If Your Student Loans Are in Default
Were you already behind on your student loan payments before the pandemic?
The good news is, the CARES Act didn’t just pause federal student loan payments. It also paused all collections and wage garnishments for federal student loans that are currently in default.21 And big news—President Biden announced with the latest student loan relief extension that borrowers in default or delinquency on their federal student loans will automatically be returned to good standing. The details are still being ironed out. But this change would mean that if you’re behind on your student loan payments, you’ll be considered “caught up.”
Yeah, that’s a nice relief—but don’t get too comfy.
Once student relief ends, you’ll still be expected to pay your student loans just like everybody else. And if you were in default before the pandemic, there’s a good chance you could end up defaulting again—which means you’d have to start dealing with debt collectors hounding you or money being taken straight out of your paycheck. Yikes.
Don’t wait until September rolls around to get things in order. Now’s your chance to get your budget ready to start paying on your student loans! Here’s what to do if your student loans were in default before the CARES Act.
If You’re in a Crisis
If your finances are crazy right now (you’ve lost a job, you’re expecting a baby, or you have an immediate family member in the hospital), focus on covering your Four Walls: food, utilities, shelter and transportation. And stockpile as much cash as possible to help you weather the storm. Remember, this is only for a little while. You’ll want to pick up the momentum and catch up on your student loans as soon as things go back to normal.
And if you’re still in crisis mode when student loan relief ends, contact your loan servicer and let them know why you can’t make your payments. They may suggest a student loan rehabilitation plan to let you make small payments on your student loans while you get back on your feet. You might also want to consider consolidating your student loans to avoid or get out of a default.
If you feel like you’re drowning in student loan debt with no way out, a financial coach can help! Get some direction with a free coaching consultation.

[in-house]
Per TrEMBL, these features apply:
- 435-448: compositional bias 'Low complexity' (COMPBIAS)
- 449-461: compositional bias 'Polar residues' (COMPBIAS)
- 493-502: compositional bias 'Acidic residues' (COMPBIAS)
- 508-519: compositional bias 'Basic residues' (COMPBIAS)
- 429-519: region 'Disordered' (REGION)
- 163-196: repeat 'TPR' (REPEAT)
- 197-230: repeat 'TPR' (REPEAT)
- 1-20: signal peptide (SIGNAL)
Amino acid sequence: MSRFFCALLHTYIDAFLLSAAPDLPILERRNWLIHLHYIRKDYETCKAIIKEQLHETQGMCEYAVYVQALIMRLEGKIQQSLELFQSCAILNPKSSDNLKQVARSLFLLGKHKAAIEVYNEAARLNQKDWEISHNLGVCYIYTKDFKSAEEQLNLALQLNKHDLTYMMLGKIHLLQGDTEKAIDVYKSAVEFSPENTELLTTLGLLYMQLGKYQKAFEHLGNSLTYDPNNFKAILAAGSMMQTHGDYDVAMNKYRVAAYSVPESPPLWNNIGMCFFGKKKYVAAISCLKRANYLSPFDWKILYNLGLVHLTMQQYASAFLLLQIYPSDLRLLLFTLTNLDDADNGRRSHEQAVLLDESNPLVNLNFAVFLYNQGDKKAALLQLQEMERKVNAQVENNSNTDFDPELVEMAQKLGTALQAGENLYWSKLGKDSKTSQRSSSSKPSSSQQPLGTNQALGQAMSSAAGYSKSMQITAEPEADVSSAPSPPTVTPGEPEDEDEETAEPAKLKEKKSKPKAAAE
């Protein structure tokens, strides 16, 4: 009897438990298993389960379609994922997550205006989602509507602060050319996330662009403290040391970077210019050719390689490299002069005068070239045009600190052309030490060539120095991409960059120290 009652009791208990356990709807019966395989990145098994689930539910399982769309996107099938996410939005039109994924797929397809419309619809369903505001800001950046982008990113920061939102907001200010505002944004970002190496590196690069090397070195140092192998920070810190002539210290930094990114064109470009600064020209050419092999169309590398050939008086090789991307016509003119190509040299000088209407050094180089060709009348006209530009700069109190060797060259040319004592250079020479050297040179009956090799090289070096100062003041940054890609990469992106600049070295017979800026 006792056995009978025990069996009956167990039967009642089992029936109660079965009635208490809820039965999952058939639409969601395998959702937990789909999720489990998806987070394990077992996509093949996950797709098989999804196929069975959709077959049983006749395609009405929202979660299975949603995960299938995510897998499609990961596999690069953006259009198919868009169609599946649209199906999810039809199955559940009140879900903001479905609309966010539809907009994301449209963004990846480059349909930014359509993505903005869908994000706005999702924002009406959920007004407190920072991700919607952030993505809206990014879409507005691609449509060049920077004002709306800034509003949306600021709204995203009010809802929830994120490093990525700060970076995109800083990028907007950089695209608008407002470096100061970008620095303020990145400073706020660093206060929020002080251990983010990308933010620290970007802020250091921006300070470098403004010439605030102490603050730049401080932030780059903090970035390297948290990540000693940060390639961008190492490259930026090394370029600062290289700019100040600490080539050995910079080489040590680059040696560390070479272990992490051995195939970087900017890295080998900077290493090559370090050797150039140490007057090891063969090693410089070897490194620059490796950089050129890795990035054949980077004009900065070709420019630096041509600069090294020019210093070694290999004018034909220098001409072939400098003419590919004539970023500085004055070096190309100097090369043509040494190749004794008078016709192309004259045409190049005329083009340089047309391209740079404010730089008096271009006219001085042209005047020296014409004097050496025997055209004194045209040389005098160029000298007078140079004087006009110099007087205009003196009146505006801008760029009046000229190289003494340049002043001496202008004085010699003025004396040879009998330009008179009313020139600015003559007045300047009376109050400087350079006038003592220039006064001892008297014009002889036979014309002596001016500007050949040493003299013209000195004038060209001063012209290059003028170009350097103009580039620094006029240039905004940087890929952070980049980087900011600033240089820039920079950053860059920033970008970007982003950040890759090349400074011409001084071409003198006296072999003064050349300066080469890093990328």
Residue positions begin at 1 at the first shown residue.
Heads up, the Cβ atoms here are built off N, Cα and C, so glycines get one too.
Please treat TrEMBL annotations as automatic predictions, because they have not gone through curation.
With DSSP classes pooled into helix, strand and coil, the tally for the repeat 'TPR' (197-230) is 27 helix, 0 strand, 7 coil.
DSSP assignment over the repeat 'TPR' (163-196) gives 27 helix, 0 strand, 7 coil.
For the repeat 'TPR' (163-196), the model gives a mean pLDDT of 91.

If Your Income Is Stable
If you’ve got a stable income right now and you’ve got any extra money, use it to pay toward your student loans while there’s currently no interest and no debt collectors breathing down your neck. Right now, your student loans may be on pause like everyone else. But as soon as that ends, you run the risk of falling behind again.
The more you can throw at your student loans now, the sooner you’ll be out of debt—and the sooner you can stop worrying about them. Waiting until September (when the interest rate kicks back up) will only extend the length of your loan and keep you in debt longer.
Student Loan Rehabilitation
If you’ve defaulted on your student loans, student loan rehabilitation can help you get back on your feet. This is a federal program designed to help you keep your Four Walls covered while you slow way down on your student loan payments.
You’ll likely need to show proof of your income and expenses to qualify for student loan rehabilitation. And depending on your situation, your loan servicer will decide your monthly payment. (Your payment could drop to as low as $5 a month if you’re really struggling financially.)22
To rehabilitate a defaulted Direct Loan or FFEL Program loan:
- You must agree in writing to make nine monthly payments (as determined by your loan holder) for 10 consecutive months.
To rehabilitate a Perkins Loan:
- You must make a full monthly payment (as determined by your loan holder) each month for nine consecutive months.
Once you complete the rehabilitation payment plan, your student loan will no longer be in default. But keep in mind, you can only rehabilitate a defaulted loan one time.
And while student loan rehabilitation can help you if you’re in a pinch, it isn’t meant to be a long-term solution. This is just one way to get caught up if you’ve fallen behind on your student loan payments.